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ACCC sues Google over Australian data collection

The Australian Competition and Consumer Commission (ACCC) is taking Google to court claiming the search giant did not appropriately collect user consent when its expanded data collection.

The lawsuit in question relates to a move made by Google in 2016. The search engine giant combined data collected through Google and non-Google assets to improve the accuracy of its advertising products, though the ACCC question whether the right steps to inform the user, and subsequently collect consent, were followed.

“We are taking this action because we consider Google misled Australian consumers about what it planned to do with large amounts of their personal information, including internet activity on websites not connected to Google,” said ACCC Chair Rod Sims.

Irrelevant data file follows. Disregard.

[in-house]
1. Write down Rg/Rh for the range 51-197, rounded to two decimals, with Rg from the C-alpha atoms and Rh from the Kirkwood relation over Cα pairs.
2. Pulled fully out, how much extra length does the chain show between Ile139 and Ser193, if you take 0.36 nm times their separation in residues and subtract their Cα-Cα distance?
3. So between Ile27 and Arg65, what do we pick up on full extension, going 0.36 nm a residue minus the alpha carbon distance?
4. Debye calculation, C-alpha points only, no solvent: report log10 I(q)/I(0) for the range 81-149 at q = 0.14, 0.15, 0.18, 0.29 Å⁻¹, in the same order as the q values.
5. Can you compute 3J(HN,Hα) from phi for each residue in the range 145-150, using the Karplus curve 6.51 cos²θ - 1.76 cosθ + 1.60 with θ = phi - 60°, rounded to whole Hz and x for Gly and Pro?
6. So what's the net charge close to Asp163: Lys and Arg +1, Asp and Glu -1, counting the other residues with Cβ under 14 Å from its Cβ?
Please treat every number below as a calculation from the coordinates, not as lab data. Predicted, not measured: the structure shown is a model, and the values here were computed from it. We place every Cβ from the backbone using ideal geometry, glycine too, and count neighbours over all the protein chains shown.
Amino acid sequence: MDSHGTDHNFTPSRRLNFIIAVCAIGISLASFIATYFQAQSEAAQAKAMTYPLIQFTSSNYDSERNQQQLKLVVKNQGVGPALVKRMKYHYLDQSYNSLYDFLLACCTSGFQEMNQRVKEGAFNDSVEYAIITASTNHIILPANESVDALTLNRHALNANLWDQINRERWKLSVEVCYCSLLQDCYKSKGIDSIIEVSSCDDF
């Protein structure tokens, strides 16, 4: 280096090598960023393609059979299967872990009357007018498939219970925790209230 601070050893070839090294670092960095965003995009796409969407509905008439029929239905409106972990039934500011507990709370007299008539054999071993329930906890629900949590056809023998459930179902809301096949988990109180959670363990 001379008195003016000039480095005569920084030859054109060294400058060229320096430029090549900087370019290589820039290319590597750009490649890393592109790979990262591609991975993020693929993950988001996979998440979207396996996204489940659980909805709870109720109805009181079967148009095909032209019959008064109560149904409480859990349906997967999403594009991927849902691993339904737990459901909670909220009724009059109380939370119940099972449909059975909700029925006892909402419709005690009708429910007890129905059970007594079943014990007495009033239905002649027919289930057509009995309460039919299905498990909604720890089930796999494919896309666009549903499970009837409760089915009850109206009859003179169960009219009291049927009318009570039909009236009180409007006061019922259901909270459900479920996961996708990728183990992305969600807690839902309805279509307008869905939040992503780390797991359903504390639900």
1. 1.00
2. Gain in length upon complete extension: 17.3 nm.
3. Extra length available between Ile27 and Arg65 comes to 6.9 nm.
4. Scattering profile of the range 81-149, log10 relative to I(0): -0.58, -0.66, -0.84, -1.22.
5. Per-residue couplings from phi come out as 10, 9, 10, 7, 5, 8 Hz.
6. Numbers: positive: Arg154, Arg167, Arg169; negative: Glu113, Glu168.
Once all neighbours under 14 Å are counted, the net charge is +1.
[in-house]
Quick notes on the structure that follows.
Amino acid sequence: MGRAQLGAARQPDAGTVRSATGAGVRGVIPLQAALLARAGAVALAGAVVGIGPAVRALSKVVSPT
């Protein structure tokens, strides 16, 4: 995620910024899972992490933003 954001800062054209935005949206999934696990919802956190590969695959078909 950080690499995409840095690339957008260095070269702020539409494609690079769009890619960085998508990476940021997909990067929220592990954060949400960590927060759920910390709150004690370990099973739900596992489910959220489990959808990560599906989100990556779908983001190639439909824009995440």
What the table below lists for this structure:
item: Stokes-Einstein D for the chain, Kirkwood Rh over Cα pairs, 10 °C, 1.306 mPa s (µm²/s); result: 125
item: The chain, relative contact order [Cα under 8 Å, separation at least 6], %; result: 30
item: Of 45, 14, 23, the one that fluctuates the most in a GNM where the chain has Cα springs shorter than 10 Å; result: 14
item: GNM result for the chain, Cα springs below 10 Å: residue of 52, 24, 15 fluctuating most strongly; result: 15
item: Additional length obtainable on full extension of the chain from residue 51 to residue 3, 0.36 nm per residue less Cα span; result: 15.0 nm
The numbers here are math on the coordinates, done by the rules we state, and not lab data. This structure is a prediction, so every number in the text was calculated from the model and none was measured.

“Google significantly increased the scope of information it collected about consumers on a personally identifiable basis. This included potentially very sensitive and private information about their activities on third party websites. It then used this information to serve up highly targeted advertisements without consumers’ express informed consent.”

The Australian authorities are particularly sensitive to this type of activity, though Google does not have the cleanest of records when it comes to keeping the customer in the loop. In this example, it is suggested that the information which accompanied an ‘I Agree’ pop-up was not sufficient to make an informed decision, and should there had been enough information, the ACCC believes many would have not consented.


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